The Decor. Sitting in the front parlor under the tall, exposed wood-beamed ceilings, looking through the old brick archways, it was hard to shake the feeling that colonial clad Spaniard wearing a wide-brimmed, feather trimmed hat will walk right past you.
The open-air, cozy Spanish courtyard is filled with palms, ferns and flowers. Umbrella-shaded, cast iron tables invite you to sit and relax with your morning cup of coffee or nightly glass of wine.
Friendly Staff. I arrived in Santo Domingo well past midnight. Initially, I was concerned that no one would be at the hotel’s front desk. There are only 11 rooms, after all. When I arrived, I was greeted by the friendliest Dominican man who was expecting me (I did email them with my flight info, so I guess I should have expected that). His English impeccable (which was good for my very rusty Spanish that always takes a few days to polish-up), he swiftly checked me in, gave me the wifi information and times for breakfast, and he carried my bags to my room through the courtyard. Once in the room, he showed me how to operate everything from the very efficient AC to the safe to the TV.
Throughout my stay, I encountered helpful, informative staff who were genuinely excited to have me and their other guests at El Beaterio. It’s so nice to feel that sense of pride people have for the place they work when they truly enjoy it.
The Rooms. Handsomely decorated with cast iron furniture in a “minimalist style that evokes the austere elegance of the era,” the rooms are sophisticated and exude old world charm in sync with the rest of the hotel. High ceilings, exposed wood beams, candlesticks and intricately tiled bathrooms add to the colonial ambiance. The remote controlled AC is very effective and strong (which you need in this climate), and there is a TV mounted on the wall in front of the bed.
Location: As I mentioned, location is key. El Beaterio is located smack, dab in the center of the Colonial Zone right in front of Parque Duarte at the corner of Calle El Duarte and Calle Padre Billini. It’s two blocks from Calle Conde, the main pedestrian street, and three blocks from the oldest functioning cathedral in the Americas. Pretty cool.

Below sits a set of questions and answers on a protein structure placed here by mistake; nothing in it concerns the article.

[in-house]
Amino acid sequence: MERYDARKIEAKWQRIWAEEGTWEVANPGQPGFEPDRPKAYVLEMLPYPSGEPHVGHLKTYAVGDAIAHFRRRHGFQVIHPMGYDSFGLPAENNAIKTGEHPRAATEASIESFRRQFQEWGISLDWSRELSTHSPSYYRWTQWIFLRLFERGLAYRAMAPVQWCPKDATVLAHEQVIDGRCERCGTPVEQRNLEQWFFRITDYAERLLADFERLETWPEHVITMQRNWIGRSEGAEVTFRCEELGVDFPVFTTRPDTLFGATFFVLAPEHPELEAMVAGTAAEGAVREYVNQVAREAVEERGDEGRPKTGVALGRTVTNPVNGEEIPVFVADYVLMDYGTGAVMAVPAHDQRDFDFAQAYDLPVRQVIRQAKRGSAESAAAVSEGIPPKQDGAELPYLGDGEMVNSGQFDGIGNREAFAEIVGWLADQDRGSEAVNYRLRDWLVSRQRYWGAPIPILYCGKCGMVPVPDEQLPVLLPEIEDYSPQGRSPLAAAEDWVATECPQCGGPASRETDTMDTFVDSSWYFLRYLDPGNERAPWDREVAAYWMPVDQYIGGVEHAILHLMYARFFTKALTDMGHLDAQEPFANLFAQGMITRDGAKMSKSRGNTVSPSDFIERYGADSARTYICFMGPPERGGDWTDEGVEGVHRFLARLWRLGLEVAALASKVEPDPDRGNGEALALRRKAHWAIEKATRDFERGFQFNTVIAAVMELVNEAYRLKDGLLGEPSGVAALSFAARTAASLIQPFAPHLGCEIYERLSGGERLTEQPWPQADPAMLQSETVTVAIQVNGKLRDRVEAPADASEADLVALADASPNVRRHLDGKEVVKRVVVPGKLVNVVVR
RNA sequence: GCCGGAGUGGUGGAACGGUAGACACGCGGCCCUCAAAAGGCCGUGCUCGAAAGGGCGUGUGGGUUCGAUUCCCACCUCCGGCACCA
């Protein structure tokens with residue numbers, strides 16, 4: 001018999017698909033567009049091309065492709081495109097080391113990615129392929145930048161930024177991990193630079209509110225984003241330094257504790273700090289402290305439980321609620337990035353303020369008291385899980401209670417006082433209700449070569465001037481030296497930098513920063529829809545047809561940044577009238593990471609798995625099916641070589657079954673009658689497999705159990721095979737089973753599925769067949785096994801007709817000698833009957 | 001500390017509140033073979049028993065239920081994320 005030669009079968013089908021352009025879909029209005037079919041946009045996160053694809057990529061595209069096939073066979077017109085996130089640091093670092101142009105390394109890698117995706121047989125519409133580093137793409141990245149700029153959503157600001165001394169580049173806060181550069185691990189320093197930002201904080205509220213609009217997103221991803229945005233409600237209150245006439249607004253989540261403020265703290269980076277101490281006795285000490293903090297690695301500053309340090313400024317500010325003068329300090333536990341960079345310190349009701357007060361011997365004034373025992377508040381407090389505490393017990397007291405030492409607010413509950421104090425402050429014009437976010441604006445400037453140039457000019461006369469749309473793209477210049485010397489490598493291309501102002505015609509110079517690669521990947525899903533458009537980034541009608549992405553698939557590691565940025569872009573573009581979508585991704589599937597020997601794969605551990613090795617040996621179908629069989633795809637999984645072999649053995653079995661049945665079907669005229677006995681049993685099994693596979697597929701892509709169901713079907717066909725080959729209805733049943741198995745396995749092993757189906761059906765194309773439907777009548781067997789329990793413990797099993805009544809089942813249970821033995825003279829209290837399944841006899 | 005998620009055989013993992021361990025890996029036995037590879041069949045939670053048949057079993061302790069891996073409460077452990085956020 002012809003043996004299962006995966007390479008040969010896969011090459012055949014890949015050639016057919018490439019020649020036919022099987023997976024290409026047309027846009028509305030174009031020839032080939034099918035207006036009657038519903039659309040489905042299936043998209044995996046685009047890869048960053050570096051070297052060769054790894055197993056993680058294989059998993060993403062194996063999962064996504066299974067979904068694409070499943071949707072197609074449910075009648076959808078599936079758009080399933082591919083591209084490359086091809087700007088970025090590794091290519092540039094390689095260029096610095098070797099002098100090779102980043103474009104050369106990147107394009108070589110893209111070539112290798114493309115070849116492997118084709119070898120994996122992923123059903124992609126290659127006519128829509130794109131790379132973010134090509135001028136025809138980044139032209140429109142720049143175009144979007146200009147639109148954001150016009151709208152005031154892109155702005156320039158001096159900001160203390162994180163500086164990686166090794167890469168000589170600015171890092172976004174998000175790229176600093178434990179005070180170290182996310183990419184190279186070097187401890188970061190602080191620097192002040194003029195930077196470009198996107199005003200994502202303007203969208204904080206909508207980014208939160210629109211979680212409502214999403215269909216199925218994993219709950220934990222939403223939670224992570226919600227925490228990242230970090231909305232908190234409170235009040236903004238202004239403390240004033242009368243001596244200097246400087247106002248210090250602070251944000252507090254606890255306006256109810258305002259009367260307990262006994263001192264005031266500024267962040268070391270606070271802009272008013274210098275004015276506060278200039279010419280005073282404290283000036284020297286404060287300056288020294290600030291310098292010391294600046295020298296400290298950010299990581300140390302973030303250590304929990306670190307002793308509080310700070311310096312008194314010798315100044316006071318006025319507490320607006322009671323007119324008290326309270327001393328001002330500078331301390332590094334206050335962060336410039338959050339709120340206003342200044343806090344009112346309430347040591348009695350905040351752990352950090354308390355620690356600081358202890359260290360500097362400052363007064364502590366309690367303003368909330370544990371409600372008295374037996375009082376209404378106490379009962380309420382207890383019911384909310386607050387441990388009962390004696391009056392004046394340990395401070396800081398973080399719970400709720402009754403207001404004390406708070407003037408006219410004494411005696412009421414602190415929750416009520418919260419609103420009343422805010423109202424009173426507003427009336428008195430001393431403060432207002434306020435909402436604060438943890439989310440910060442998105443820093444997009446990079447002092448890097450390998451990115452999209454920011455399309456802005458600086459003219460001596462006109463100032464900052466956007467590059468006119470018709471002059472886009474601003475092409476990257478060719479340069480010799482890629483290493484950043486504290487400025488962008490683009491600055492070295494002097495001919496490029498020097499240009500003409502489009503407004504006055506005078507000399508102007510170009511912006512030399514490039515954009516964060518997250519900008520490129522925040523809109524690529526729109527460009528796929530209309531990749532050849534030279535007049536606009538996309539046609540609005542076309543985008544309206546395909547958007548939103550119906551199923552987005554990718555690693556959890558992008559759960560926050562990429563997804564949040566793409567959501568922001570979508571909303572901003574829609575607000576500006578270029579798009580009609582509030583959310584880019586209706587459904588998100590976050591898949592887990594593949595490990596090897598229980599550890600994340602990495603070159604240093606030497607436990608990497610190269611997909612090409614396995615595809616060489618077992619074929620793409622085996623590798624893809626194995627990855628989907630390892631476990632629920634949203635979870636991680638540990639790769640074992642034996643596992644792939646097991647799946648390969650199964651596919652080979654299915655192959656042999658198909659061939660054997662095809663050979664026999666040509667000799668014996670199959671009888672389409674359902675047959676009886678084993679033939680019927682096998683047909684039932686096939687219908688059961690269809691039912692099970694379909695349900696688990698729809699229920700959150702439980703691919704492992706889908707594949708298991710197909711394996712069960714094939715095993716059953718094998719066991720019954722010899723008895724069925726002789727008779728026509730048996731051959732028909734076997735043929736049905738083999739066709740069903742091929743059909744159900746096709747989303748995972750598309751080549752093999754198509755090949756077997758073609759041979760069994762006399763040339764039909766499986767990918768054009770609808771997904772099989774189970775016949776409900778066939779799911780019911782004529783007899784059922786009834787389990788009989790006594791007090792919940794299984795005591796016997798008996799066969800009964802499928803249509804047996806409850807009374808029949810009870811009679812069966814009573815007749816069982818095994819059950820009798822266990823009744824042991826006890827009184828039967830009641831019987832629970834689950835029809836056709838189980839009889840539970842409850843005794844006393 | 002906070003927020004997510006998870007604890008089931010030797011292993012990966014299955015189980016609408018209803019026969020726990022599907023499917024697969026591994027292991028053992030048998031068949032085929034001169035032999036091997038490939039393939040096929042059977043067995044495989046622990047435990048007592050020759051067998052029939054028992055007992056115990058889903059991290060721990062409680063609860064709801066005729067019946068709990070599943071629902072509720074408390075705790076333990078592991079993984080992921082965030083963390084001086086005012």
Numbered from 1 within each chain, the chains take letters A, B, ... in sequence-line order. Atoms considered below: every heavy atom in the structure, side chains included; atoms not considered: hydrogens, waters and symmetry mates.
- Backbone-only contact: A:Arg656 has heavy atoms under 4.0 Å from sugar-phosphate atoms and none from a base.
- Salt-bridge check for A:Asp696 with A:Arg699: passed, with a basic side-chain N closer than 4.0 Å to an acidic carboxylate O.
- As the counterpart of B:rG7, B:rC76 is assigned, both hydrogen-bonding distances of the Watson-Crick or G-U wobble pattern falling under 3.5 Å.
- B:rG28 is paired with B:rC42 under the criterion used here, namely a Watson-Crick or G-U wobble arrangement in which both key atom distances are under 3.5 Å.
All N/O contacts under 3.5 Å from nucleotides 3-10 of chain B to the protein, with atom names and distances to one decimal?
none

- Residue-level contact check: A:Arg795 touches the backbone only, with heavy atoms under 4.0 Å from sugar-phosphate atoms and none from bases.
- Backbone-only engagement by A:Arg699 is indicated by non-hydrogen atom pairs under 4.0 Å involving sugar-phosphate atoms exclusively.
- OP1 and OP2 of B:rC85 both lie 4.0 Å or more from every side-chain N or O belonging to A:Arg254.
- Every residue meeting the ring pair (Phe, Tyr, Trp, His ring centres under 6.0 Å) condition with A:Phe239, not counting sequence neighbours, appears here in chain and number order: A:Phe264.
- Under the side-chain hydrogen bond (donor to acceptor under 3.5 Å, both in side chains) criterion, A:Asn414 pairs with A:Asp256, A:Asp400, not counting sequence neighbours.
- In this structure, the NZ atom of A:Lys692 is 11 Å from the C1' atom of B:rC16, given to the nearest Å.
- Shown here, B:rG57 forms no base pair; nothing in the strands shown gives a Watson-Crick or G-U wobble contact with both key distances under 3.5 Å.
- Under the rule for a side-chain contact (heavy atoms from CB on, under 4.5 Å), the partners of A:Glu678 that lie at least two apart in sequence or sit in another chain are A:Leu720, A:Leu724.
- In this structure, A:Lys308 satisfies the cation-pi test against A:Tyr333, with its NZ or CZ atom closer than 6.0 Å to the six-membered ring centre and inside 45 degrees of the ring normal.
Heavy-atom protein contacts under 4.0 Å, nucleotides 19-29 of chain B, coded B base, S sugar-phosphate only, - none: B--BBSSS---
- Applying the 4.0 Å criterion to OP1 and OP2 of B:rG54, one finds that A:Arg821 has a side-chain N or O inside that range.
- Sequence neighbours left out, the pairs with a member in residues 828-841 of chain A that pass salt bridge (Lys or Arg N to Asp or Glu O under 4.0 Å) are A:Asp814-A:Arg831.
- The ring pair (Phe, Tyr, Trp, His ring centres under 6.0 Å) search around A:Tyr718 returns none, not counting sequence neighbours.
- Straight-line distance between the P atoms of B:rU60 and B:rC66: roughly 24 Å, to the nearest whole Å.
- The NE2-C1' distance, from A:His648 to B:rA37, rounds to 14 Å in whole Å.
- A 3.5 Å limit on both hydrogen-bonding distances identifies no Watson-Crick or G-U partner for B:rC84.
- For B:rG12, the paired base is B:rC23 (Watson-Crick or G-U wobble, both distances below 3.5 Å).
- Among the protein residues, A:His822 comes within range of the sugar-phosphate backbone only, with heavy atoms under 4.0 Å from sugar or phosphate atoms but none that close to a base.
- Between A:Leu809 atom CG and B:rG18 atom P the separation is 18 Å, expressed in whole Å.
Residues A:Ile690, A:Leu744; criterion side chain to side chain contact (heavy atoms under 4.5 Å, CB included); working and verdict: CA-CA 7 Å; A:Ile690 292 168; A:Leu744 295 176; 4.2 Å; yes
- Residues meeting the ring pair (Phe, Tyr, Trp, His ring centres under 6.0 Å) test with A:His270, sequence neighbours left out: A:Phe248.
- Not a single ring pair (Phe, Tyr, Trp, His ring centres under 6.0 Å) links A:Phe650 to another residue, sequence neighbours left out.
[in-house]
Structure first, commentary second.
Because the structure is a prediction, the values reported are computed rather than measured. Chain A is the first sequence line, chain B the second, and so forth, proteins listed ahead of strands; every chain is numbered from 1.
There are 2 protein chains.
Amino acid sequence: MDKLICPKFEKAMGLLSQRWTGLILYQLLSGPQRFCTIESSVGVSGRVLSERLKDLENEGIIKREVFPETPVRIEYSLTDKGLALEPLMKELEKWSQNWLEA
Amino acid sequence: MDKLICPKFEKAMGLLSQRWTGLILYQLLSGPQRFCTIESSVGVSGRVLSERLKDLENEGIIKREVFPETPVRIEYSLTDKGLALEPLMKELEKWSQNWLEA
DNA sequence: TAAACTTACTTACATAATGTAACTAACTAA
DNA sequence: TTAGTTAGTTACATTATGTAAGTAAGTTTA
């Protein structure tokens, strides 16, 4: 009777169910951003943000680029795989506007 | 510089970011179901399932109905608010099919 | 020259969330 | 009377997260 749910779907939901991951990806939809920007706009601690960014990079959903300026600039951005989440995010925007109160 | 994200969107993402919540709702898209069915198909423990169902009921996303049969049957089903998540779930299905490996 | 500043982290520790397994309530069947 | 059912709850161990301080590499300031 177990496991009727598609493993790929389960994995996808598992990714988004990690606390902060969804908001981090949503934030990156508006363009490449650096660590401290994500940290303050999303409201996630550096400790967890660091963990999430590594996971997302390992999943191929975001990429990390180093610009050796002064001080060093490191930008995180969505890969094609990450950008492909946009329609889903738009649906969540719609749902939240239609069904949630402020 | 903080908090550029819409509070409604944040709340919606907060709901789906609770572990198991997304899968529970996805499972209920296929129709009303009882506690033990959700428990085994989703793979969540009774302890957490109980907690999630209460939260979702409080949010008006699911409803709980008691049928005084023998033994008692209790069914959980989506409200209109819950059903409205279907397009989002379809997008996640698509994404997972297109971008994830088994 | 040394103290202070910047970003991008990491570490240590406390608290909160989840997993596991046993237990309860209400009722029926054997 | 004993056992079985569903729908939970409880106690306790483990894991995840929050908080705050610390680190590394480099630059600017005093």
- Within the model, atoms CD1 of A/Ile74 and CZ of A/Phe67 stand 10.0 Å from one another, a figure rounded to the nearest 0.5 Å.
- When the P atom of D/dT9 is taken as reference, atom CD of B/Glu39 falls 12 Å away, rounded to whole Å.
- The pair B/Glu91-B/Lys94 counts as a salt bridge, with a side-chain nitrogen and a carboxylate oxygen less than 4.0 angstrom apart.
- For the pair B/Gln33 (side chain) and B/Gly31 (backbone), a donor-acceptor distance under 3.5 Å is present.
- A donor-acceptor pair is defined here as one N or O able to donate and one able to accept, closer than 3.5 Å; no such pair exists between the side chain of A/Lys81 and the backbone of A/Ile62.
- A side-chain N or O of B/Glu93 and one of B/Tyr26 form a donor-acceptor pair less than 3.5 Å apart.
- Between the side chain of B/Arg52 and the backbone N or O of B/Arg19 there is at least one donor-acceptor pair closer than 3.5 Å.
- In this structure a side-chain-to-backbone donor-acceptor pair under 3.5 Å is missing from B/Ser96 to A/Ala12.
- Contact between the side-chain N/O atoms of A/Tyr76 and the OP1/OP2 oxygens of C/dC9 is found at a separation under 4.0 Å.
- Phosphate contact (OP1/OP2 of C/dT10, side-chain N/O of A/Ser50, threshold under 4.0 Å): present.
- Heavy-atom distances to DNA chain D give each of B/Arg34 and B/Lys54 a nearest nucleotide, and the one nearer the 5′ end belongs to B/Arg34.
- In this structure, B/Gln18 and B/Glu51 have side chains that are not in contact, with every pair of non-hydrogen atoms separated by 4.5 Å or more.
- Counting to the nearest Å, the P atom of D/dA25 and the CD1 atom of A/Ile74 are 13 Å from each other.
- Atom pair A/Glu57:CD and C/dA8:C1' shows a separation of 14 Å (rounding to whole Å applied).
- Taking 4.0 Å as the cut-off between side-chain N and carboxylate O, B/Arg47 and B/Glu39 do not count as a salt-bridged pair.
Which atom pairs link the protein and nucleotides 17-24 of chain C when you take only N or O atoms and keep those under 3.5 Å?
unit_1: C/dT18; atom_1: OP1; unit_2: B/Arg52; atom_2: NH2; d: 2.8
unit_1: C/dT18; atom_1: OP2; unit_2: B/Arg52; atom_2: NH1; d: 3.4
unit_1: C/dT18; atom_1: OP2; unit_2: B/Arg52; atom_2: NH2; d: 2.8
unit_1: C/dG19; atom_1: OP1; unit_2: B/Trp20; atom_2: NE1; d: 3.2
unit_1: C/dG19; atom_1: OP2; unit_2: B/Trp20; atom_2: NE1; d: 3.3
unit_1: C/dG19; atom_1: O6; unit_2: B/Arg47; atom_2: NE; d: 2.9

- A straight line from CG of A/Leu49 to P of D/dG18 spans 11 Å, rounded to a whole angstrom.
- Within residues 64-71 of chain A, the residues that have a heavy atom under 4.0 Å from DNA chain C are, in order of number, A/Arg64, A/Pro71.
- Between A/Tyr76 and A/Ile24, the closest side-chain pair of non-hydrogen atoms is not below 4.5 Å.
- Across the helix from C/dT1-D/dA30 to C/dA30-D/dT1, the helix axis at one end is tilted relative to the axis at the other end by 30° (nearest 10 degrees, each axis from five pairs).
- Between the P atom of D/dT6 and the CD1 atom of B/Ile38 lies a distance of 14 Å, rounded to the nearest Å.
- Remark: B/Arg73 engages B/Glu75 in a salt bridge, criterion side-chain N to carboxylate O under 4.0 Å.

Cons? I can’t really point to many negatives about El Beaterio. It’s so quiet and the staff so un-intrusive that at times, you feel like you are alone in your own home. Some visiting foreigners may want a bit more hand-holding from staff (i.e. “Can I help you with any plans today or finding anything in particular?” etc.) For me, it was perfect, as I prefer to figure out a new place on my own and to be bothered as little as possible.
History. Once the home of widow Doña Maria of Araña, she bequeathed the house as a Beaterio in 1556 upon her return to Spain. Beaterio, in Spanish, means a house inhabited by pious women. When other feminine religious orders emerged, the Beaterio became obsolete and eventually was transformed in to a school, which it remained until the 1980’s.
El Beaterio is one of those places….
that I imagined returning to visit as soon as I arrived. At the end of my time in the Dominican Republic, when I circled back to Santo Domingo, I started thinking of all the places I missed on the island and wanted to check out in the future. I know that if I come through Santo Domingo again, I will definitely plan to stay at El Beaterio, the antique oasis in Zona Colonial.
For more information on Zona Colonial, check out my post on the city’s best walking tour.